AD 10,000+: Humans dominant sub-Xeelee species. Rapid expansion and absorption of species and technologies. Launch of Xeelee timeships into deep past.
AD 10102: ‘Lakes of Light’ *
AD 10515: ‘The Gödel Sunflowers’ **.
AD 10537: ‘Breeding Ground’ *
AD 12478: ‘The Dreaming Mould’ *
AD 12659: ‘The Great Game’*. Initiation of hostilities with the Xeelee.
ERA: The War for the Galaxy
AD 20424: ‘The Chop Line’ *.
AD 21124: ‘Vacuum Diagrams’ **.
AD 22254: ‘In the Un-Black’*.
AD 23479: ‘Riding the Rock’ *.
AD 24973: Events of Exultant. The human conquest of the centre of the Galaxy.
ERA: The Shadow of Empire
AD 24974: ‘Mayflower II’ *. Retrieval of generation starship Mayflower II.
c.AD 25,000+: Collapse of central Coalition government. Conflict among successor states.
AD 27152: ‘Between Worlds’ *
c.AD 40,000+: The Bifurcation of Mankind.
ERA: The War to End Wars
c.AD 90,000+: Reunification.
c.AD 100,000+: Human assaults on Xeelee concentrations across the supercluster.
AD 104,858+: Events of Raft
AD 104,858: ‘Stowaway’ **.
AD 168,349: Launch of the Exaltation of the Integrality.
AD 171,257: ‘The Tyranny of Heaven’ **.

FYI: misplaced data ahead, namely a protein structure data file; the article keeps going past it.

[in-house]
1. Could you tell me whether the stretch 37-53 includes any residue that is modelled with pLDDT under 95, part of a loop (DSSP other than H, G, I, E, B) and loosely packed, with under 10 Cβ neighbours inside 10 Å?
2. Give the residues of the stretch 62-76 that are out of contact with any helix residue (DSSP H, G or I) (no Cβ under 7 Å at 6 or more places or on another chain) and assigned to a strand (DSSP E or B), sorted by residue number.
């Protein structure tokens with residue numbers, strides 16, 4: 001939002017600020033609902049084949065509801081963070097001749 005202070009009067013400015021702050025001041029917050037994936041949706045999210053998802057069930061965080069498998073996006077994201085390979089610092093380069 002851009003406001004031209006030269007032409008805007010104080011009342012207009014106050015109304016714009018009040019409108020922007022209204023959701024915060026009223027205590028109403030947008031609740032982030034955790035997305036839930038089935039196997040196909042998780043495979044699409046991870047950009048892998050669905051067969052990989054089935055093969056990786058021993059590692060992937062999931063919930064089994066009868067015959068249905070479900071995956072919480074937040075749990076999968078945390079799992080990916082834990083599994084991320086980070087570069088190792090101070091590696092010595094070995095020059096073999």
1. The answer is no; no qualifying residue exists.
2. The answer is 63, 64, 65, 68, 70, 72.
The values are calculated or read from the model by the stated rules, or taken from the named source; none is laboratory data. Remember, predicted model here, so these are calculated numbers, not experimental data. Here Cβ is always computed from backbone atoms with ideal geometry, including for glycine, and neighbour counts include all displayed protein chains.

AD 193,474: ‘Hero’ **.
c.AD 193,700: Events of Flux
c.AD 200,000+: Establishment of Commonwealth by ‘undying’. Continued conflict with Xeelee.
c. AD 500,000: Events of Transcendent (see also AD 2047). The high-water mark of human destiny.
ERA: The Fall of Mankind
c.AD 500,000+: The retreat of mankind begins. Fragmentation of human unity. The Long Calm.
c.AD 700,000+: The Xeelee Scourge. Intervention of photino birds in stellar evolution becomes significant.
AD 978,225: ‘Gravity Dreams’ ***.
c.AD 1,000,000: ‘The Siege of Earth’ *. Final siege of Sol system by Xeelee. Defeat and imprisonment of mankind.
c.AD 1-4,000,000: Xeelee and photino birds’ transformation of baryonic universe.
c. AD 4,000,000+: Migration of Xeelee through Ring. Sol leaves Main Sequence.
c. AD 4,000,000: ‘Secret History’ **.
AD 4,101,214: ‘Shell’ **.
AD 4,101,266: ‘The Eighth Room’ **.
AD 4,101,284: ‘The Baryonic Lords’ **.
c.AD 4,900,000: Final destruction of Ring by photino birds begins.
ERA: Photino Victory
c.AD 5,000,000+: Last humans return to Sol in GUTship Great Northern, and travel to Ring: Events of Ring (see also AD 3953).
AD 10,000,000+: Virtual extinction of baryonic life. Most of the last humans survive on a time-shifted Earth.
ERA: Old Earth
AD 3.8 billion years: ‘PeriAndry’s Quest’ ***.
AD 4 billion years: ‘Climbing the Blue’ ***.
AD 4.5 billion years: ‘The Time Pit’ ***.
AD 4.8 billion years: ‘The Lowland Expedition’ ***.
AD 5 billion years: ‘Formidable Caress’ *** . Collision of Milky Way Galaxy with Andromeda.
Raft (1991), Timelike Infinity (1992), Flux (1993), Ring (1994), Coalescent (2003), Exultant (2004), Transcendent (2005).
* Collected in Resplendent (2006).
** Collected in Vacuum Diagrams (1997)
*** Collected in Xeelee: Endurance (2015)
Stephen Baxter September 2008
HG Wells wrote of war between humans and of war between humans and non-humans. Yet the intellectual and emotional legacy of these works is contradictory.